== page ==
According to Ayyildiz (1995), an example of a woman who killed her husband owing to the fact that he had raped her and beaten her with wooden two-by-fours threatening to kill her is given (1). Despite the fact that she was doing this act as a self defense, she was subsequently convicted by a jury of a first degree murder case and she was sentenced to serve a twenty five year life sentence. Due to such like treatments being applied to the disadvantaged women in America today, the element of many women being abused by their partners is menacingly increasing. The law does not protect the battered woman but instead it gives room for her being abused and when she fights back in self protection she is punished. This is morally wrong and thus battered women who kill should be treated as to be acting as vigilante who seeks to self protect their welfare.

 Sorry to say, the batterers are given the unfair advantage over the woman whenever he beats her. Again, the batterer gains power, domination and acquires the right to pay no attention to the laws against battery (Ayyilldiz 2). From a moral point of view, the women have become disadvantaged as there seems to be no justice system that protects them from being abused by their spouses. Whereas the justice system sentences them for killing their abusive partners, they offer no protection for women’s rights. 

This marks the core aim of the film , Slim cannot get helped within the kind of justice system she lives and  therefore the only way of escape is to take the law in her own hands by killing Mitch who remains to be  a threat to her life both in the present and future. If a woman kills the man who keeps on abusing her unfairly, she is only trying to make a correction on the justice system that seems not to care for battered women who are left their lives being in the mercy of their ruthless husbands. Morality states that a morally justified individual is the one who acts after making an evaluation of all possible demands (Ayyilldiz 2).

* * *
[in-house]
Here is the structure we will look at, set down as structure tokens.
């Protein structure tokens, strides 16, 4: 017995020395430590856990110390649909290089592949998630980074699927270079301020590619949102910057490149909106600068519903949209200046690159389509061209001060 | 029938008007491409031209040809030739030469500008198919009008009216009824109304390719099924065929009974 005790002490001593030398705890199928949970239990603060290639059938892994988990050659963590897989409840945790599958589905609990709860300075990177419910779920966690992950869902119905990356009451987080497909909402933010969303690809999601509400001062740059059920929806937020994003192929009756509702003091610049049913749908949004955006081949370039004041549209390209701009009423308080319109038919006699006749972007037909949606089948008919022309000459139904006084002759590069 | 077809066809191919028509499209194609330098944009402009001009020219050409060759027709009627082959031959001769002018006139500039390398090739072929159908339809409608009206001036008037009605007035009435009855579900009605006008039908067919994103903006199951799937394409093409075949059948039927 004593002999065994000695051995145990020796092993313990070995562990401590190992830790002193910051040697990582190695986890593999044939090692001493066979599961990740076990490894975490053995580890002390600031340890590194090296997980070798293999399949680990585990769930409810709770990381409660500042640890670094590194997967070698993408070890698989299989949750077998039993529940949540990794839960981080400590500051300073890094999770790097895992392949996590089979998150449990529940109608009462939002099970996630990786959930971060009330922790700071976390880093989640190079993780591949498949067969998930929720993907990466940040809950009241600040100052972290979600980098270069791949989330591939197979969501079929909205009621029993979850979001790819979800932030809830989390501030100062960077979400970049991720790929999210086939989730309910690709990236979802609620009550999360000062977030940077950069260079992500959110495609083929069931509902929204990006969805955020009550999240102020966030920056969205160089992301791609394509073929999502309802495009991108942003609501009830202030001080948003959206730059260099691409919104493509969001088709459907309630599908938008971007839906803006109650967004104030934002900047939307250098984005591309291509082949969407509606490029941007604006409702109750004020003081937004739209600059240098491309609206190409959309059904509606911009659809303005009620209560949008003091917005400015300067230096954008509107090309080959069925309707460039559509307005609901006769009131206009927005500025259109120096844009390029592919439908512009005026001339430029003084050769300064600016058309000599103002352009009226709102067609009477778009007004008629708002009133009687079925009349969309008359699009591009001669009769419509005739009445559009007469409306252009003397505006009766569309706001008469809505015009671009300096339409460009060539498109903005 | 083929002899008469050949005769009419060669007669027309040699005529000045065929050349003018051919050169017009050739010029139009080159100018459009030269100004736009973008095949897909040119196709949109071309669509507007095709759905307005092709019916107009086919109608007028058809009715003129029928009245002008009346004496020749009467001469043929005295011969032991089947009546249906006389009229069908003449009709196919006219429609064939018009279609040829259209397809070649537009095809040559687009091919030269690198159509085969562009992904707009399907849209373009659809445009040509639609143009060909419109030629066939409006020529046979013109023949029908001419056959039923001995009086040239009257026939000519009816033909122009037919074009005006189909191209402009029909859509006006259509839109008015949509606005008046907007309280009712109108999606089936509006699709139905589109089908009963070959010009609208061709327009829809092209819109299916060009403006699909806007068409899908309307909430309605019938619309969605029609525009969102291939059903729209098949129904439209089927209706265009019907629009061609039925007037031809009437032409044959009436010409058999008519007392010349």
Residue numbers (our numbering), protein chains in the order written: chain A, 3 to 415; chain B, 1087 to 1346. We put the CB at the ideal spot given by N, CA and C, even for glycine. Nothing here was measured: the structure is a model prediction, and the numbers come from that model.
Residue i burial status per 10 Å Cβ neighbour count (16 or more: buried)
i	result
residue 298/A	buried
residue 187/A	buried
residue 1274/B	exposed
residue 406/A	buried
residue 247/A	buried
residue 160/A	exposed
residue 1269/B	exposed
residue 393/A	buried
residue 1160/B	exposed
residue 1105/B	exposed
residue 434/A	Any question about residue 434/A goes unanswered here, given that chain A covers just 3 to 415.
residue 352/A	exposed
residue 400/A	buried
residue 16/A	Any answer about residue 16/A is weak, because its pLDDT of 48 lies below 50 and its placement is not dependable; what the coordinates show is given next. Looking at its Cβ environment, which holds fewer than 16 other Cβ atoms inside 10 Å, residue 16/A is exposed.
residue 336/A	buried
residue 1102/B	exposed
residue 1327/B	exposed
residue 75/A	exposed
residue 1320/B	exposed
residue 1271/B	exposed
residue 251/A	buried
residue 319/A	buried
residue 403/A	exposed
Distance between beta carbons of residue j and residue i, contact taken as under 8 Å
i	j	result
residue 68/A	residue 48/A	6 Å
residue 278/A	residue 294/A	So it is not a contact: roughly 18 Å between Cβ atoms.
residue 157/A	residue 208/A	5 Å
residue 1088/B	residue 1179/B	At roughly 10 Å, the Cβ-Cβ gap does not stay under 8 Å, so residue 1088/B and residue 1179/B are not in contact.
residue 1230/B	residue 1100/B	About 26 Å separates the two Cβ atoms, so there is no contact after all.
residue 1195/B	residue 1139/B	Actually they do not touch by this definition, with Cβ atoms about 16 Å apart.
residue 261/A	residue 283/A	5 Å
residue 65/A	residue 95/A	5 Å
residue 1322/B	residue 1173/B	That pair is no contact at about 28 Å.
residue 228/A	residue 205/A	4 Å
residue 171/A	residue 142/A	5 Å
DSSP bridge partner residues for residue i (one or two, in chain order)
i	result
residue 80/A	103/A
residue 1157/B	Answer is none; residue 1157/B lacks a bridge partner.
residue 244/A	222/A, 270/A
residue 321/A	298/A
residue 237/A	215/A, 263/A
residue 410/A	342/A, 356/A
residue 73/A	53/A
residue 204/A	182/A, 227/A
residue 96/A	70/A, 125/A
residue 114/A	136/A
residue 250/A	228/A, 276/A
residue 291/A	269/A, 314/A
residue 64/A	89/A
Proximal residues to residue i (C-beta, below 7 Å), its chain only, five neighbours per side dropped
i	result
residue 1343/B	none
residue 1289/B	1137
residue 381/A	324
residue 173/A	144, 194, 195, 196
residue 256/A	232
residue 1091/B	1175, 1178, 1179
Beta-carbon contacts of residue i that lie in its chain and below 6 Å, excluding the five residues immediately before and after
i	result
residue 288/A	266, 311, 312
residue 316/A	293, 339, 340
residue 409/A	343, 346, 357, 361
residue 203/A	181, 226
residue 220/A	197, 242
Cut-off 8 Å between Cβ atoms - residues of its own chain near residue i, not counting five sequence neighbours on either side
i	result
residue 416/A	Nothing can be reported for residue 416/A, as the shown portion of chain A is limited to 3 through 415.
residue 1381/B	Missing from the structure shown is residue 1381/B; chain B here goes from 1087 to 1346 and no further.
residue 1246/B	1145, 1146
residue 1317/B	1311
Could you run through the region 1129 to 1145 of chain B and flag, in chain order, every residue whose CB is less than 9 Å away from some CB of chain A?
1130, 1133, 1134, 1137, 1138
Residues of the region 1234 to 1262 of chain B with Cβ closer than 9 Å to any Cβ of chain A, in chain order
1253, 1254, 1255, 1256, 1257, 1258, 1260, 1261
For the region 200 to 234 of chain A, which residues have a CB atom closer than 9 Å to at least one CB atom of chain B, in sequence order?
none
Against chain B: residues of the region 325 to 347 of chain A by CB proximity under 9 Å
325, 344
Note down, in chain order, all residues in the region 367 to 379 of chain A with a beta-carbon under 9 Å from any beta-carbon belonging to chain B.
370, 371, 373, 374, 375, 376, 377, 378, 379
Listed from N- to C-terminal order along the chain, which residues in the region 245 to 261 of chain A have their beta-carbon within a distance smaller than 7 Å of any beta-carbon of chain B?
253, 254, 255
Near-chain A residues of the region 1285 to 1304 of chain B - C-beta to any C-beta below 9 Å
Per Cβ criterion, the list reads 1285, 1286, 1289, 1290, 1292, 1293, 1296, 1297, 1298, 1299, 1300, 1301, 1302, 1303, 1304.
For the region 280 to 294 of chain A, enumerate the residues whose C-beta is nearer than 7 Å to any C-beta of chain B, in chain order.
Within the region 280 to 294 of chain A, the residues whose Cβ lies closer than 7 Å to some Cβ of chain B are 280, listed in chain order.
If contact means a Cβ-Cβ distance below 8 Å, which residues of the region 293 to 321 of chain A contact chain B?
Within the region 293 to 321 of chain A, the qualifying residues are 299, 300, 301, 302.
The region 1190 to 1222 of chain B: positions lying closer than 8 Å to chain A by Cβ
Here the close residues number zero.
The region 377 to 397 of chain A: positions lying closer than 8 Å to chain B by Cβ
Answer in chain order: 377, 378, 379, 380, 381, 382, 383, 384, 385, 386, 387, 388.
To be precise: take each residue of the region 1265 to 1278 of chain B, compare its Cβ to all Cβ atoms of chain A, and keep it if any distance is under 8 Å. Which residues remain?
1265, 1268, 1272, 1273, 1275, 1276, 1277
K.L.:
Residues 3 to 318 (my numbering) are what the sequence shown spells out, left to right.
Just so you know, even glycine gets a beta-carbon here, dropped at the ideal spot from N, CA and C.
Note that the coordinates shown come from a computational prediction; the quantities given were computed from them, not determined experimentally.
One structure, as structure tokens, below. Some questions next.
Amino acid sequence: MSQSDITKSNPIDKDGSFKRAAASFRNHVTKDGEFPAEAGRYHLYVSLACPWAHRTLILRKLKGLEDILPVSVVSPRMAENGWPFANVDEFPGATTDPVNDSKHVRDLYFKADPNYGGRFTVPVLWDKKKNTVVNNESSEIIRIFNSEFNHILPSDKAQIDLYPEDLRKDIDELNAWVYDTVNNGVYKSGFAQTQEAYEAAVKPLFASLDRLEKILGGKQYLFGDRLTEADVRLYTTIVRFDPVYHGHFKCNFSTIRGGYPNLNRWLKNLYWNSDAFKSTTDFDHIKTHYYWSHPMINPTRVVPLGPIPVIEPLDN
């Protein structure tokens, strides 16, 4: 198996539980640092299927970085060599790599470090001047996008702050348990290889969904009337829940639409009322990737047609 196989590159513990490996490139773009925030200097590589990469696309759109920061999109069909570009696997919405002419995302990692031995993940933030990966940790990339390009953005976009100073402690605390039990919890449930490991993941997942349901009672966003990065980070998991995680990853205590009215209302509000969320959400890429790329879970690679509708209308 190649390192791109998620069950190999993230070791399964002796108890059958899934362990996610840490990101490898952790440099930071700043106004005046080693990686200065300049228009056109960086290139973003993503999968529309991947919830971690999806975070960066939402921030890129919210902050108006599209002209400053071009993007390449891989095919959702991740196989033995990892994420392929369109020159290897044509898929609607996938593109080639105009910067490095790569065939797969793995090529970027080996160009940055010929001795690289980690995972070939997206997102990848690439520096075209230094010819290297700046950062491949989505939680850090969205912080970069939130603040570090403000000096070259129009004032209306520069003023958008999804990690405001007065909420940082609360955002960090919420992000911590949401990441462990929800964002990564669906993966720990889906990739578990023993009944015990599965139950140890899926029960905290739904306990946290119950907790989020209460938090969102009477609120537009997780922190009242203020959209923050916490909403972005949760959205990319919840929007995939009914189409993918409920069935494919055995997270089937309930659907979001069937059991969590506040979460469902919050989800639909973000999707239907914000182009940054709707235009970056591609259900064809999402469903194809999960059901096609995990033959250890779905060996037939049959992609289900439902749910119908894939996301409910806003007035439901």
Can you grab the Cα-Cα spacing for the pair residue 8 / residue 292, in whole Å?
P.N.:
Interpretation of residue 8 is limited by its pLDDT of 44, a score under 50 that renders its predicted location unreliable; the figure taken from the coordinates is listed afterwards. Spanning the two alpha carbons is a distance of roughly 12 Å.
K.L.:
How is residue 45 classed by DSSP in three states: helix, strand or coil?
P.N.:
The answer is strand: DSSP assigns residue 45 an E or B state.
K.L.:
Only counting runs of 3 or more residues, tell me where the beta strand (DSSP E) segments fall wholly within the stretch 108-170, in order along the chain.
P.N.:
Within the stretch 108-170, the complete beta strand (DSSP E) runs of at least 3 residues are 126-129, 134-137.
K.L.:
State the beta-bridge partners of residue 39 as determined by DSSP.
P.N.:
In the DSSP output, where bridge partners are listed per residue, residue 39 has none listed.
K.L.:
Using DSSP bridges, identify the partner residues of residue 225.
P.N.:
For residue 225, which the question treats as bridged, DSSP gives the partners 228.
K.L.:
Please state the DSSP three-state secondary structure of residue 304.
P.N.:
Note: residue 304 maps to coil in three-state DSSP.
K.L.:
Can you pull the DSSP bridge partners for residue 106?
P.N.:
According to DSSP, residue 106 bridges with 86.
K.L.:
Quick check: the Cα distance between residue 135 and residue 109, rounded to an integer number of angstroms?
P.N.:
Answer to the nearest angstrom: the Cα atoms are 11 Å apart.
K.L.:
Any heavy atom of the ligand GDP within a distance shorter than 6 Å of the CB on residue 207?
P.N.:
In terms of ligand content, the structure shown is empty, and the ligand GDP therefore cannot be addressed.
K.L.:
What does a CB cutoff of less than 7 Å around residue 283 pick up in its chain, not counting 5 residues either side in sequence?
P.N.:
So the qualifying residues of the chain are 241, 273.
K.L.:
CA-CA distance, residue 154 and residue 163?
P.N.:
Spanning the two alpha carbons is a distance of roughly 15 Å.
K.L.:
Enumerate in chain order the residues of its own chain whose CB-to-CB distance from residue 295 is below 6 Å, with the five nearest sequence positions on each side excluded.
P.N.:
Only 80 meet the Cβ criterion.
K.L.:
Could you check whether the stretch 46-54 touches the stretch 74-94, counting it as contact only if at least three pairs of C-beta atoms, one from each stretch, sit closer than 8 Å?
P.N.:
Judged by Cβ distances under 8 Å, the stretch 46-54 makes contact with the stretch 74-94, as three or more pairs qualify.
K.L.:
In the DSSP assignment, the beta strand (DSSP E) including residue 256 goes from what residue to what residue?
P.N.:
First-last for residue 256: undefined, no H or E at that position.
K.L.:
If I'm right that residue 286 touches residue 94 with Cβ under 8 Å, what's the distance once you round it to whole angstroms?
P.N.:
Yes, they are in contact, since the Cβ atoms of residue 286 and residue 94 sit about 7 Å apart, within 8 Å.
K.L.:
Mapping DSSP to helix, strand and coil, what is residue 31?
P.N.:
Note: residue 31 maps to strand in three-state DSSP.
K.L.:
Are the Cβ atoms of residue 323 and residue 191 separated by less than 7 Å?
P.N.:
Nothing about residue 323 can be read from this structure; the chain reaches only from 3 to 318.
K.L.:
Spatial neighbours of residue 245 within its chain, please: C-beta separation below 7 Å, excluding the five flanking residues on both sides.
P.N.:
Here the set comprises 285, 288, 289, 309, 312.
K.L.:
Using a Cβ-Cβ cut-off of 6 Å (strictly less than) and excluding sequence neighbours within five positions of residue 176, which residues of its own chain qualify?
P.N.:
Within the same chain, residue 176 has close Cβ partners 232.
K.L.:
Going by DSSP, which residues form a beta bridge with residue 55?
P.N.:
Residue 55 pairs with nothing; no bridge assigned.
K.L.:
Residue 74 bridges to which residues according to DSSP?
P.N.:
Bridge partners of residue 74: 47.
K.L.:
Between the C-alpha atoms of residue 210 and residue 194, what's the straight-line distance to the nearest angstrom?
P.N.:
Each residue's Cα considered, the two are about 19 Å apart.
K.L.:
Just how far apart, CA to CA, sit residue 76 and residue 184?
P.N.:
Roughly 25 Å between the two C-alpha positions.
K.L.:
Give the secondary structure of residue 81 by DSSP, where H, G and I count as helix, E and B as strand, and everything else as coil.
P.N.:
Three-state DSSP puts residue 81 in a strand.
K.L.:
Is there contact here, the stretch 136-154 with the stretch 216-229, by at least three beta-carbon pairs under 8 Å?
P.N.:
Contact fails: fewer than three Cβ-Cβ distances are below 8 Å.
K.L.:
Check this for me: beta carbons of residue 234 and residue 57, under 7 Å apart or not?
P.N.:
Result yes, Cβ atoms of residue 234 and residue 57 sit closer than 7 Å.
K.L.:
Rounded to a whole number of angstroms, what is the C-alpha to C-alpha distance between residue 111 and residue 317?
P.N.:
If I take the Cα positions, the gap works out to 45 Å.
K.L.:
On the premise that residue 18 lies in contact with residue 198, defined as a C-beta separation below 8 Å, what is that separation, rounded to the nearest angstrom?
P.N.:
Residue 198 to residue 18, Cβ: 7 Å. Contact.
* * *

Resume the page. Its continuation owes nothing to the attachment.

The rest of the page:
From a war point of view, a state is justified to forcefully defend itself in face of war. In this case, the domestic violence that makes a great percentage of women a victim should be fought and law should be applied in order to protect the rights of women (Cole and Smith 419). A woman who kills her battering partner is justified in the law of defense to kill the husband if she believes that the only way for her freedom is by self defense.  In line with these, the law and moral issues that surround battered woman who kills are quiet numerous. From the content of the film, Slim who had suffered abuse from her partner Mitch, even at a time when she manages to escape, the husband haunts her and keeps on following her from city to city.

 The issues of law that arise in this film is that the judicial justice system seems to have failed in its power to protect an individual who is being abused. Notably, statistics have shown that in American State, the treatment of the abusers who direct their abuse to women is not treated with carefulness (Buzawa and Buzawa, 101). In one instance, there is a woman who kept on calling police to help her against the abuse that was from the husband. Instead of the police helping her, they told her to deal with her husband as this was a domestic issue. This shows how much, a battered woman has been mistreated and disadvantaged in the face of law. In this case, McBride who kept on calling for help from the police and even family therapy organization in vain, resolved to hire somebody to kill the husband as the only way that she could escape torment. In this regard, she was later convicted of murder and sentenced to a life in prison without parole (Ayyidiz 6).

This reveals how the judicial justice system has failed in its position to protect the battered woman. Another incident occurred whereby Ellie Nesler killed her son’s abuser; the incident was at first applauded in the local but later was rejected by media and public and later sentenced for ten years in prison (Ayyildiz 7). Despite the fact that she did what was morally right in a porous legal system, she was severely punished. As compared to their male relations, women have been disadvantaged in the legal system that protects the men and fails the women. This is for the reason that incidents of men killing are numerous but a few of them get the punishment and others are not at all punished. So to speak, the incidence of Goetz according to Ayyidiz (1995), has presented him as a male superhero who is a vigilante but due to the biasness that has described the judicial justice system, he is not given the treatment as the way it is applied to women vigilantes who kill their battering partners (6-7).